Ethnic Theater - Jewish
"Last Jew in Europe"
Triad Theatre, Manhattan
Tuvia Tenenbom’s play “Last Jew in Europe,” which has been traveling around Europe for some time, now arrives on these shores. According to its billing, this show is “a tragicomedy about the resurgence of anti-Semitism in today’s Europe.
So much for promotional material. Actually it is hard to pinpoint this piece, either in genre or theme. It is the latest work of Tenenbom (who is writer, co-director, and founder/artistic director of The Jewish Theater of New York)—and a former Orthodox rabbi. Is “Last Jew in Europe” an absurdist comedy, a docudrama, a serious political statement, a total fiasco? Shall we take it seriously? Shall we succumb to its dubious charms? Shall we condemn it out of hand?
The fact is that once you are in Tuvia-land, you must abandon preconceptions. You must be prepared for forays into bad taste and outrageous behavior. You must be prepared for the cows, sacred or otherwise, to be knocked down. Crazy things happen, and everything is up for grabs, everyone is open to insult—Jews and anti-Semites, Catholics and Mormons, Poles and Americans, corpses and cows, faith and love, life and afterlife.
Here’s the story: John Jay Smith arrives in Lodz, Poland, to fulfill a mission, as every Mormon must. He will search out Jews, living or dead, and baptize them, so they can gain salvation. Of course the dead Jews have no choice, but no matter. In the process, he falls in love with a Polish girl, Maria. She is about to marry Jozef, but fears that her fiance may actually be Jewish. Horrors! Thus, among other conflicts, a love triangle is set up.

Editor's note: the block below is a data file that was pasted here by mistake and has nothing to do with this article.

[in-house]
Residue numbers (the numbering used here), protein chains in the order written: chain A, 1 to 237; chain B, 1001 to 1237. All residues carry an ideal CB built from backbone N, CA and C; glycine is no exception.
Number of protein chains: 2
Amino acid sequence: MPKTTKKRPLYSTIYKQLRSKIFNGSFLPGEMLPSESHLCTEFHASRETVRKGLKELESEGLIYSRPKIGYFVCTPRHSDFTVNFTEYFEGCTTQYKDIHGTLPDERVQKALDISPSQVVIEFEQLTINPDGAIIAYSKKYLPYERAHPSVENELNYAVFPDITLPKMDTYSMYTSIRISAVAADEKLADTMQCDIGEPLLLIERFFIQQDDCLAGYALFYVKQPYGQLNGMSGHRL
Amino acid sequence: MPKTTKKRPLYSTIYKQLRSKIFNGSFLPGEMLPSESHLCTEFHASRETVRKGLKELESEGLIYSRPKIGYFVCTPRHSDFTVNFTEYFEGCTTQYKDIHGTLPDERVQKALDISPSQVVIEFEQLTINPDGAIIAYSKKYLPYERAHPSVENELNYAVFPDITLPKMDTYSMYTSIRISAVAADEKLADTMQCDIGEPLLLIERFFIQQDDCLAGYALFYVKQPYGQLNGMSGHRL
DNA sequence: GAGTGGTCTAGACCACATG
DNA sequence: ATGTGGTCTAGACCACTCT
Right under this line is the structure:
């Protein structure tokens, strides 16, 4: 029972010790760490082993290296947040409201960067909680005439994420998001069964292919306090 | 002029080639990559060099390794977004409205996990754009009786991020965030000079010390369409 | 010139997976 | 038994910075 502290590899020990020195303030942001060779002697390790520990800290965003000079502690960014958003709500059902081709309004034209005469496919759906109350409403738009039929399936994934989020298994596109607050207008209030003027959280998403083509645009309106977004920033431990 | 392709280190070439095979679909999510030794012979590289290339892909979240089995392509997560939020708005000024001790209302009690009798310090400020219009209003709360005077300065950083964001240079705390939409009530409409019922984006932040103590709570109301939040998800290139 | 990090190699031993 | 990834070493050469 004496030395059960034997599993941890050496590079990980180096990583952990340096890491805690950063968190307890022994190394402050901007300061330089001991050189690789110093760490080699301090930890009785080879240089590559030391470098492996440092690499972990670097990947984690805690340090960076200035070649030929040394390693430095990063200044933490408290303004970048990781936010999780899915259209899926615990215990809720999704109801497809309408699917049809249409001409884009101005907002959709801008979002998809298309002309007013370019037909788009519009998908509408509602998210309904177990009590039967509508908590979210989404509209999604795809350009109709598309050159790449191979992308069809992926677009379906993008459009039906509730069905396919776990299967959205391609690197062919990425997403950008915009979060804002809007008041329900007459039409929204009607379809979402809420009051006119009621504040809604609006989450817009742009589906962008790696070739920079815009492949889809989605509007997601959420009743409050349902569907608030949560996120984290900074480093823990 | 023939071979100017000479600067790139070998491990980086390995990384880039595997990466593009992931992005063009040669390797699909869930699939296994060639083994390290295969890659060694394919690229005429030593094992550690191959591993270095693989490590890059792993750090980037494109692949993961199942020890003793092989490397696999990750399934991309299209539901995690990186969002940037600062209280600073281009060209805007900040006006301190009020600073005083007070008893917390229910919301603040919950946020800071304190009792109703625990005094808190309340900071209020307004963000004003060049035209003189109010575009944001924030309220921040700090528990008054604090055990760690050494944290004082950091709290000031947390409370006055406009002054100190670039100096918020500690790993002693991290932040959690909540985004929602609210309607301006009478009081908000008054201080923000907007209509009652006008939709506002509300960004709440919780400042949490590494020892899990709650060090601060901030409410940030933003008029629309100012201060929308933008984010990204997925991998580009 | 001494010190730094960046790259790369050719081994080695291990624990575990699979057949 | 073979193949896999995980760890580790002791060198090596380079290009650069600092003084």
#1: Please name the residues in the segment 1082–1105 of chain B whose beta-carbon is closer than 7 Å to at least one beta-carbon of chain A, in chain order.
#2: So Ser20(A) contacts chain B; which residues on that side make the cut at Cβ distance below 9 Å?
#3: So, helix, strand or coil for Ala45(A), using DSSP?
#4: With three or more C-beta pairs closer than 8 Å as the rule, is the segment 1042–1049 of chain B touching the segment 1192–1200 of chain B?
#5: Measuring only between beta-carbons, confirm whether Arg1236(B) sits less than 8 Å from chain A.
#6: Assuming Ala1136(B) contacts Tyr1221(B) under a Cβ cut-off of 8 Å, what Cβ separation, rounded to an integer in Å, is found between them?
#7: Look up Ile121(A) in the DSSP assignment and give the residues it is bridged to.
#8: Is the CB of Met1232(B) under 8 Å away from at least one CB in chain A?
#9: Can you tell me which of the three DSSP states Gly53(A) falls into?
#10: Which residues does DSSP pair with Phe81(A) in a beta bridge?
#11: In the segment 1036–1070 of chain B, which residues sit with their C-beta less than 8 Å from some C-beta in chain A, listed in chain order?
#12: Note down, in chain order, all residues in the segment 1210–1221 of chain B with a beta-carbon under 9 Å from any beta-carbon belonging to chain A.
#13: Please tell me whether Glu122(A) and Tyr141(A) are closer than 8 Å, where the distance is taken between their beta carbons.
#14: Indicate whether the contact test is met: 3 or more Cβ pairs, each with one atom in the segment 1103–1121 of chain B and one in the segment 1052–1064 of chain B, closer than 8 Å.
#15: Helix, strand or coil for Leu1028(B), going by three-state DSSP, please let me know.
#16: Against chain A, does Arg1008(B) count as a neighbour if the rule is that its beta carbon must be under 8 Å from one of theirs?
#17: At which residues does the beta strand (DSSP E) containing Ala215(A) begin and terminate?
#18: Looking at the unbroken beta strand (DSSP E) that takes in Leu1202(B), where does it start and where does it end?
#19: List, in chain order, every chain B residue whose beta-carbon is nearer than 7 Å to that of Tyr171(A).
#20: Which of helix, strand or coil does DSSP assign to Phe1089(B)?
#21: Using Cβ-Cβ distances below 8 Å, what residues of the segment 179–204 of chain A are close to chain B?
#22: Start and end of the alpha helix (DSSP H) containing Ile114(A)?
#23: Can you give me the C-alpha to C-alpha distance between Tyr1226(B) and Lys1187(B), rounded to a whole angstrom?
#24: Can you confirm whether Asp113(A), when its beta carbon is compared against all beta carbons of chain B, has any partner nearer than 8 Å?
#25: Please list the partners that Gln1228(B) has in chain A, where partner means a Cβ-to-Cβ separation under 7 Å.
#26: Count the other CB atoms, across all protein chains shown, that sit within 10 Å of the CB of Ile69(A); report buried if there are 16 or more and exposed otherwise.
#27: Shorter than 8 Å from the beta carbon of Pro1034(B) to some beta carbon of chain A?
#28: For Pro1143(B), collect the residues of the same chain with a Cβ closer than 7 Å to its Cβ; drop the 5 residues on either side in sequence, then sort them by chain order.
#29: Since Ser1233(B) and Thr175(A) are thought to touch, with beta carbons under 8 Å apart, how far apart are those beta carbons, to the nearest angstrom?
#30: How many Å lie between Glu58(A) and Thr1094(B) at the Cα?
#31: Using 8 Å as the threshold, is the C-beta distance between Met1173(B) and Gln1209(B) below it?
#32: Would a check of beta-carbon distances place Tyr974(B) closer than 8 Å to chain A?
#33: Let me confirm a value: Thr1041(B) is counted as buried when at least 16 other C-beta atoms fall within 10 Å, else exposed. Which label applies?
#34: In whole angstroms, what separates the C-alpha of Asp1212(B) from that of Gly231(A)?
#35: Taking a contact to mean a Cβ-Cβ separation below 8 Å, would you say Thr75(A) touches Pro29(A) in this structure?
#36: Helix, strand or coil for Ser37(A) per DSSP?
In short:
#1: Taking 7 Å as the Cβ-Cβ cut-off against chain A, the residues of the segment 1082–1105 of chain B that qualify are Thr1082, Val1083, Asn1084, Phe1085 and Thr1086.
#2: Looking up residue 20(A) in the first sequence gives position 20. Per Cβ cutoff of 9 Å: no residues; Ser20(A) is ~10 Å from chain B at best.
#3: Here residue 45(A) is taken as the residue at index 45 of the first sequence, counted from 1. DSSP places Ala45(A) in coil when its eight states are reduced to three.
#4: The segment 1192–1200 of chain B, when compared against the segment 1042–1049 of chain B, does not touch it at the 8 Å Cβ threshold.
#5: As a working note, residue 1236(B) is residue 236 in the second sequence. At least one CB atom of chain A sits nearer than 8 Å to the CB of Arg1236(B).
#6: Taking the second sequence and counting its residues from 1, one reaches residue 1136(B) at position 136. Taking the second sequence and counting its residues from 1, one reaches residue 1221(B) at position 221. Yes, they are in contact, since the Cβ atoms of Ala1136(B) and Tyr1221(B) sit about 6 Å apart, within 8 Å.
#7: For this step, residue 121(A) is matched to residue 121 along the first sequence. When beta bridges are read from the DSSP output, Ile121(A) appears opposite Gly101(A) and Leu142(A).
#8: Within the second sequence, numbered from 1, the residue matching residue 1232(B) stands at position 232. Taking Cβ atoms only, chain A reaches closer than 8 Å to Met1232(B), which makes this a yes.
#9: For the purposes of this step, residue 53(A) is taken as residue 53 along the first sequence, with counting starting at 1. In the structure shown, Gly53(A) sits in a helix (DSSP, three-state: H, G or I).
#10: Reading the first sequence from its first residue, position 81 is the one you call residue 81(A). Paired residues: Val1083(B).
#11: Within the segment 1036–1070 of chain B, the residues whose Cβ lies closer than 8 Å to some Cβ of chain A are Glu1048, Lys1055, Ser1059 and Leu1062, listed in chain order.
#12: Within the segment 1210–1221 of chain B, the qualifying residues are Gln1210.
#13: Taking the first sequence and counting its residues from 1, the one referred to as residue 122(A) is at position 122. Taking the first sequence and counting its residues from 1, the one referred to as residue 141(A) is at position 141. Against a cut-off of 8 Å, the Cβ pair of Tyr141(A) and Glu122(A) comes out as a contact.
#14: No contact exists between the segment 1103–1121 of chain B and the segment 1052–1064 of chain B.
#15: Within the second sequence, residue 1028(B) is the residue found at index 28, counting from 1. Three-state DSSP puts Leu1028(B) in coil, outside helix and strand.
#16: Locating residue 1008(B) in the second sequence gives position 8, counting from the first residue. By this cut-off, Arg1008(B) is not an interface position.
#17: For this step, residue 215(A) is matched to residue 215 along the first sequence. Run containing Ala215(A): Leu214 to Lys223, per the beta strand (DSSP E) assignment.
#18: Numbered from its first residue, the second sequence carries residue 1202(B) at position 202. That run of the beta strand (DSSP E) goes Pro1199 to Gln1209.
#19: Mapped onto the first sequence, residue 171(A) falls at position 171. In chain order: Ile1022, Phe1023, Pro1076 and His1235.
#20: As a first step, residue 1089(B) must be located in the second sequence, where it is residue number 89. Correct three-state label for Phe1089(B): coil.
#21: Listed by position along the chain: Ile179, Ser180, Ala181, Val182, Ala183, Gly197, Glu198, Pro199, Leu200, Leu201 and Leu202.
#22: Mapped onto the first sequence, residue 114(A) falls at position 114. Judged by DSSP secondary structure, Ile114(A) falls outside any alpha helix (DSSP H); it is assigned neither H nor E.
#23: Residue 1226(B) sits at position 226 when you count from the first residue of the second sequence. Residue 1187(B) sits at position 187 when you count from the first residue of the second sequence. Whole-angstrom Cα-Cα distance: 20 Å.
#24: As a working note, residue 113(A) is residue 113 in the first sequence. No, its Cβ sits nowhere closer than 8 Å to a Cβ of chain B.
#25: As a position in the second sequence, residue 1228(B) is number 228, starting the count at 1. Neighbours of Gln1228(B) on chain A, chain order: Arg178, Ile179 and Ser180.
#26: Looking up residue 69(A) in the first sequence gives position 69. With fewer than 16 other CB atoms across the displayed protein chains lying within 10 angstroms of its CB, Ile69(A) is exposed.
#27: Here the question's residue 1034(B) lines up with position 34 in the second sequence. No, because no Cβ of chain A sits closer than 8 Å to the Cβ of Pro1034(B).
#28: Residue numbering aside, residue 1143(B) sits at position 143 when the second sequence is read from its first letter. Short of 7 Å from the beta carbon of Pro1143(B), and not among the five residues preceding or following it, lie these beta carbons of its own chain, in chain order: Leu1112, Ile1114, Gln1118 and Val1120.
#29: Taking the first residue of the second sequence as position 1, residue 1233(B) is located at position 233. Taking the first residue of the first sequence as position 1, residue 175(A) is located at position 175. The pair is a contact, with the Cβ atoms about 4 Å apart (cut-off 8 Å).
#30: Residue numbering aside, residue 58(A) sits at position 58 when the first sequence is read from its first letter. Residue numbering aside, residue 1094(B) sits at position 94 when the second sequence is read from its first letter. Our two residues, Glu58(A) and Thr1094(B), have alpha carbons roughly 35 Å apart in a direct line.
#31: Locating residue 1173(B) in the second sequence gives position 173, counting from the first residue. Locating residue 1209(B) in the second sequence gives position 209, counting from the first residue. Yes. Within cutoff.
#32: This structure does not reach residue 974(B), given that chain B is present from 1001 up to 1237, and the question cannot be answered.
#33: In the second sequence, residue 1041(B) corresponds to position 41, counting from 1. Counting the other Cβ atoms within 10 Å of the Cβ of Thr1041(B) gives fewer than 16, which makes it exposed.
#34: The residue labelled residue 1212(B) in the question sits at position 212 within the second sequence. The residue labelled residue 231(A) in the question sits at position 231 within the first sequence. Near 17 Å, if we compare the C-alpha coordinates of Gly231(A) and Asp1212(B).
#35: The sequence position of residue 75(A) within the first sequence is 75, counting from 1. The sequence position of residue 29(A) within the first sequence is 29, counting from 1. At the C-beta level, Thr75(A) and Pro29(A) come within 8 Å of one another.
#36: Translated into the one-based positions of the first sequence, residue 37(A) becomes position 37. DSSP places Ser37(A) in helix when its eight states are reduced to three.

It turns out that every one is hiding dark secrets, as the twists of the story unfold. Cases of mistaken identities, surprise relationships, and dropping of pants abound. Love is lost and found and lost again. It is noteworthy that Tenenbom found his material in the real world, which gave him grist for the mill. According to Tenenbom, anti-Semitic graffiti is certainly to be found on today’s walls in Lodz, Mormons do believe that they should baptize Jews, and some Jews in Poland do indeed hide their identity.
Tenenbom has the mixed blessing of a cast recruited from both Europe and the States, thus putting a strain on English pronunciation. But Daniel Shafer shines as the goofy, naïve Mormon, Csaba S. Lucas is appealing as the overwrought Jew, and the director’s slides broaden the scope of the piece. But frankly, we do not think this piece—or production--measures up to the best of Tenenbom’s work, however worthy the cause.
Yet The Jewish Theater of New York soldiers on. It is interesting that the company has managed to endure since the mid-90s, outlasting all other English-speaking Jewish theaters in New York. JTNY survived by becoming a traveling troupe, moving its shows overseas part-time and returning to New York sporadically. Though Tenenbom and the JTNY manage to raise hackles wherever they go, European audiences have been much kinder to the shows. Or so Tenenbom claims. But now, “Last Jew” is definitely getting an enthusiastic response on West 72nd Street.
--- Irene Backalenick
Mar. 12, 2007